Kang, J.K. and Sui, S.K.: 1999, New direct torque control of induction motor for minimum torque ripple and constant switching frequency, IEEE Trans. on Industry Applications 35(5), 10761082;
 Xu, Z. and Rahman, M. F.: 2004, A variable structure torque and flux controller for a DTC IPM synchronous motor drive, IEEE 35th Annual Power Electronics Specialists Conference, PESC04., pp. 445450, Vol. 1).
SUMMARY OF THE INVENTION
According to the invention a method and apparatus are provided for ripple suppression of brushless DC motors at any given velocity irrespective of the limited bandwidth of the driver/amplifier supplying the excitation currents to the armature. In a preferred embodiment, Fourier coefficients of the current waveform are calculated as a function of rotor velocity by taking into account the driver/amplifier's finite bandwidth dynamics in order to eliminate pulsation torque. Unlike Aghili et al., 2000, above, the inventive commutation scheme updates the Fourier coefficients of the current waveform based on the desired velocity so that the torque ripple and velocity fluctuation are eliminated for a given velocity while power losses are simultaneously minimized. More particularly, since the control signal is a periodic function (i.e. a waveform), it can be approximated by a truncated (finite) Fourier series. For a given velocity, Fourier coefficients of the series approximating the waveform (control signal) are calculated as a function of the rotor velocity and the amplifier dynamics, to generate a waveform that results in no torque or velocity pulsations. When changing the motor speed, the coefficients are updated (recalculated) based on the new desired velocity (and amplifier dynamics), resulting in generation of an updated waveform that results in no torque or velocity pulsations at the new motor speed.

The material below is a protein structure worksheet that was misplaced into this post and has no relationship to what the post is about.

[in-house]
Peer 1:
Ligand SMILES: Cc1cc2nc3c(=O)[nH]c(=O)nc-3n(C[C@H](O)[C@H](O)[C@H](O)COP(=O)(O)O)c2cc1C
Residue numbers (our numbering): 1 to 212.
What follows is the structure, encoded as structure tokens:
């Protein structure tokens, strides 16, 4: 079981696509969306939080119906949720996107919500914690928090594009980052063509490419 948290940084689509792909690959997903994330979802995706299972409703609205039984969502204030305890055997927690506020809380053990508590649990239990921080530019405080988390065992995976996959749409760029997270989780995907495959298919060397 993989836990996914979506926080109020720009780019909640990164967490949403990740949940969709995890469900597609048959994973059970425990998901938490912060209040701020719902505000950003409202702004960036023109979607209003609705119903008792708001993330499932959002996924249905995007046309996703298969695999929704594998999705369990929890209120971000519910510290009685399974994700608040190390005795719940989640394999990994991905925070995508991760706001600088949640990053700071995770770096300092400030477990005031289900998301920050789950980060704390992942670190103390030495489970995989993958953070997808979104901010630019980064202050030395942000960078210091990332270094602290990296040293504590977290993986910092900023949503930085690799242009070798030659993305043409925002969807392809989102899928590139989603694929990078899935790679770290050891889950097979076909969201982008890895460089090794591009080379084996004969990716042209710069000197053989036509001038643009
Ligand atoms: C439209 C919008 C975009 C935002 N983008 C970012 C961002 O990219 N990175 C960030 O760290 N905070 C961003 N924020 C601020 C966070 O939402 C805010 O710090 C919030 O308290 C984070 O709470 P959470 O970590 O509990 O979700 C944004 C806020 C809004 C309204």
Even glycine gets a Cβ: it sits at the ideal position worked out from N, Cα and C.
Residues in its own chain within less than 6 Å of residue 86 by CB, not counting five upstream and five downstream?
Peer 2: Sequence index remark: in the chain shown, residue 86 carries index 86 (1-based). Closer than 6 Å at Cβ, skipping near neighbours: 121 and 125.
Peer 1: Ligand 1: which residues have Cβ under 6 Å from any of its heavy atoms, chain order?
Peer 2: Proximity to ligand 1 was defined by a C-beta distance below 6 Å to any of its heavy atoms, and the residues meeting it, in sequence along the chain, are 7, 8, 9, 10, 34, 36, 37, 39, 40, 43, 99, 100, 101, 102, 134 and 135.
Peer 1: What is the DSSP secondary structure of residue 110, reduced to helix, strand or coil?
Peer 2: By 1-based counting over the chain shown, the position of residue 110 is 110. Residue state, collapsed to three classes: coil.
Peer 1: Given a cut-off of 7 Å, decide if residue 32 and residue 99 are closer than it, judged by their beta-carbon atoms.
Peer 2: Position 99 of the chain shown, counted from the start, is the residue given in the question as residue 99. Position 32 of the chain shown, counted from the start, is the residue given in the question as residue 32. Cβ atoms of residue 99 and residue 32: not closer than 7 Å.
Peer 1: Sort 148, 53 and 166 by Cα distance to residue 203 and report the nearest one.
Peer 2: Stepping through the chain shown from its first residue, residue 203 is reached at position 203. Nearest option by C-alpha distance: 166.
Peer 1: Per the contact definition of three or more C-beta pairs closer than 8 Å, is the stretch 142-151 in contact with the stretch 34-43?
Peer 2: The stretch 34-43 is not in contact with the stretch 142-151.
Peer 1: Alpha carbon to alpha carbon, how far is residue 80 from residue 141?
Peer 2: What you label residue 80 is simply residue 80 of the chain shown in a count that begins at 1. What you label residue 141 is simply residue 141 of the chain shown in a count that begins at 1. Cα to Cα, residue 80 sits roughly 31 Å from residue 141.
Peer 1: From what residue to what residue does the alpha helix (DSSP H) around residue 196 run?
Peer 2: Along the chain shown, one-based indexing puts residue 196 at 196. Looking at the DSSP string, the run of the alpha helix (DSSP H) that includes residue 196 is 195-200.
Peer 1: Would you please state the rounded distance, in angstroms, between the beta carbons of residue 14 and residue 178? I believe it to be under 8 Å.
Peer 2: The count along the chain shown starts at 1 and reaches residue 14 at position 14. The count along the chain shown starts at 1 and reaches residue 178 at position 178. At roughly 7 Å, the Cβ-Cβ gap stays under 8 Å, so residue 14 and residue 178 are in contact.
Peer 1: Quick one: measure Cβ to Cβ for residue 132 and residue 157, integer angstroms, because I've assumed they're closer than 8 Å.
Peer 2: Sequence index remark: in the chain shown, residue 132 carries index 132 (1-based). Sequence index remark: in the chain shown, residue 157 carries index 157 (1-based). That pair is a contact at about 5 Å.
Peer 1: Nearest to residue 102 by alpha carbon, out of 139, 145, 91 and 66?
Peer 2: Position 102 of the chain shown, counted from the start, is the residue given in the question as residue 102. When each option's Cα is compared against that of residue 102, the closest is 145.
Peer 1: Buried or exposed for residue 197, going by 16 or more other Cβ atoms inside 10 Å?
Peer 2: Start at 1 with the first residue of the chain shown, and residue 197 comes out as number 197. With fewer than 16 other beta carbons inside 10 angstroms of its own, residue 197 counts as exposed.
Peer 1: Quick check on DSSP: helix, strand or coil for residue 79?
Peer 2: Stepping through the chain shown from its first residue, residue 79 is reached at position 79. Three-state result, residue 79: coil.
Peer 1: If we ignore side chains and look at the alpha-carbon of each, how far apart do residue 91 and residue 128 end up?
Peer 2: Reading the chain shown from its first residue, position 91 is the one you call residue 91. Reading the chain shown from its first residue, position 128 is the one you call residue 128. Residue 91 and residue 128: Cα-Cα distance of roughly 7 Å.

The above aspects can be attained by a method and apparatus of driving a load via a brushless DC motor, the method comprising: receiving a desired motor velocity ω_{d}; receiving actual velocity ω and rotor position angle θ from said load; generating armature phase drive currents i*_{k}, for a desired torque τ_{d }from the desired motor velocity ω_{d}, actual velocity ω and rotor position angle θ using a modified commutation law; amplifying the armature phase drive currents via a driver/amplifier; and applying the amplified armature phase drive currents i_{k }to an armature of said brushless DC motor for rotating said load; wherein the modified commutation law comprises calculating compensated Fourier coefficients c′ of a truncated (finite) Fourier series approximating the armature phase drive currents for said desired motor velocity ω_{d }as a function of the actual velocity ω and transfer function of said driver/amplifier.
These together with other aspects and advantages which will be subsequently apparent, reside in the details of construction and operation as more fully hereinafter described and claimed, reference being had to the accompanying drawings forming a part hereof, wherein like numerals refer to like parts throughout.
BRIEF DESCRIPTION OF THE DRAWINGS
DETAILED DESCRIPTION OF THE PREFERRED EMBODIMENTS
Turning to
In order to better understand the scientific principles behind the invention, the theory relating to modeling and control of motor torque is discussed below in terms of Fourier series, followed by a discussion of how the commutation law is modified at high velocity for ripple compensation and derivation of the torque transfer function, taking into account the dynamics of the driver/amplifier 140.
Consider the BLDC motor 100 with p phases (in
τ_{k}(i_{k}, θ)=i_{k}y_{k}(θ)k=1, . . . , p (1)
Where y_{k}(θ) is the position nonlinearity, or torque shape function, associated with the kth phase. The motor torque τ is the superposition of all phase torque contributions,